To correct licentiousness, awake the lethargic from their supineness and folly, thew with good effect the pernicious nature and sad consequences of fin, rescue profligate and notorious finners from their unhappy situation, pointing out the absurdity of their proceedings and iheir danger, the danger of being punished avith everlafting de Atruction from the presence of the Lord, and from the glory of his power; to do this with good effect, we, my Reverend Brethren, must be eminent for our virtue, eminent for our learning. It is the remark of a writer *, not more distinguished for the wisdom of his admonitions, than the excellency of his conduct, that “ the life of a pious clergyman is visible rhecoric.” The expression is juft. Such a character is a burning light, looked up to by all with admiration, heard upon every occation with attention, reverence, regard. If our seputation is clear and unsullied, the greatest blesing we can enjoy upon earth, our preaching will have its full force; for example is more instructive than precept, and the words of the exemplary will have weight. A clergyman must consider any piece of preferment given him, not merely as a gift, but as a trust,“ honorem illum non solum datum sed etiam creditum ;” and in order to act his part with the greater credit, he will deny himself every pleasure, even the most innocent, which may in any respect obstruct the laudable discharge of his office. The pious Hooker, when Master of the Temple, laid the foundation of his incomparable work on Ecclekaftical Polity; but he obtained leave to retire from that confpicuous situation, into a “ quiet country parsonage, where he had more leisure to pursue his studies, might see God's bleflings springing out of his mother earth, and eat his own bread in peace and privacy; a place, where, without disturbance, he might meditate his approaching mortality, and that great account, which all filesh muit, at the lali great day, give to the God of all spirits." Let us revere che memory of that valuable man, and as many of us as are possessed of benefices in the country, learn, by his example, to make the best use of solitude ; converse with learned books, with God, and our own souls; instructing our flocks ; visiting the fick; administering the facraments; aiding the indigent; convincing the people by a conduct, rational and uniform, that our hope lies beyond the grave, and that it is not in the power of this world to charm our hearts to a forgetfulness of God, our fellow-creatures, and ourselves.'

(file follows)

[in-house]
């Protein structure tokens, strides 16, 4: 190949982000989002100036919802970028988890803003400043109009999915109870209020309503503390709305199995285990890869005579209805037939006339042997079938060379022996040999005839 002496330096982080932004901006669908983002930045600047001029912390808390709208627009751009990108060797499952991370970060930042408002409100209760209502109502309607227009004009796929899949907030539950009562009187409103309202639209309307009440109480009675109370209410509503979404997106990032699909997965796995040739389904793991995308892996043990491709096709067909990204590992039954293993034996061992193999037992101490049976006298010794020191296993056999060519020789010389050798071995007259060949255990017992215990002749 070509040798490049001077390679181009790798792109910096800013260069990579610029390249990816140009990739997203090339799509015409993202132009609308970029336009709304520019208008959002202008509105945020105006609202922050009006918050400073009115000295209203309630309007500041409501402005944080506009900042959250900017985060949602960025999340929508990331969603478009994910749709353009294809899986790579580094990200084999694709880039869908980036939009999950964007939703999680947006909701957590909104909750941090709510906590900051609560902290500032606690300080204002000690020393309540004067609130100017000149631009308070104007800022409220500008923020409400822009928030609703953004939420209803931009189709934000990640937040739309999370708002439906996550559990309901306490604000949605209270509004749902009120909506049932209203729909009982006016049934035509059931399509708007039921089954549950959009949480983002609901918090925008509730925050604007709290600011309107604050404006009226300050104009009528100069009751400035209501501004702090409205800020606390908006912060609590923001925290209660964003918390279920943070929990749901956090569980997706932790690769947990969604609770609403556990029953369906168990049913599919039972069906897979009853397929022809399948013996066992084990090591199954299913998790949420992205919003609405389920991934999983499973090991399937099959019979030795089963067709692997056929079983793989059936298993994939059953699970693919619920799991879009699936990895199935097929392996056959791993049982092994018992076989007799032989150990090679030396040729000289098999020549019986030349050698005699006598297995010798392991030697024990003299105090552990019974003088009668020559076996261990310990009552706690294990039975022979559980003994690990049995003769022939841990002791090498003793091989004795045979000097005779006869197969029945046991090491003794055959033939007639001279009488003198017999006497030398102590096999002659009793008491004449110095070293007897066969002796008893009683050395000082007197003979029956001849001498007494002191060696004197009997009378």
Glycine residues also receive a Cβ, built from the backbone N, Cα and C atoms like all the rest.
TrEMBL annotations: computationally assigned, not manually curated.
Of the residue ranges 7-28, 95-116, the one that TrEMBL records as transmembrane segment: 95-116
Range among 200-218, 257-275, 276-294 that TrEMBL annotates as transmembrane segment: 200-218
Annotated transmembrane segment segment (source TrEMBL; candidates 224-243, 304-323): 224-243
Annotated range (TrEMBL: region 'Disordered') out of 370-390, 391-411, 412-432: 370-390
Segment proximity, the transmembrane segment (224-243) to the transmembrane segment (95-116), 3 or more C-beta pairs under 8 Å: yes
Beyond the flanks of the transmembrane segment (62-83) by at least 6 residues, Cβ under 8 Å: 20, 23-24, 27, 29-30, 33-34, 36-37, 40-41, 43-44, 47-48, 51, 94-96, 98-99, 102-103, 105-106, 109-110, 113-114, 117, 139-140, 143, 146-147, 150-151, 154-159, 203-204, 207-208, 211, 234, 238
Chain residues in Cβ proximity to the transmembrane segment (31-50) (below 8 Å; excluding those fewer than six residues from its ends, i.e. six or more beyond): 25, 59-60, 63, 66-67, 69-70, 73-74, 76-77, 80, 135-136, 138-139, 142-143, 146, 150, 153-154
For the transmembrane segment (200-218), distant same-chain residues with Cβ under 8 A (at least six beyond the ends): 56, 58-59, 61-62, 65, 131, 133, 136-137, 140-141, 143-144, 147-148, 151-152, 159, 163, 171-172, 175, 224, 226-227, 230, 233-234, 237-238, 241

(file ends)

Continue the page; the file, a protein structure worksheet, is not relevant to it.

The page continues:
Hooker.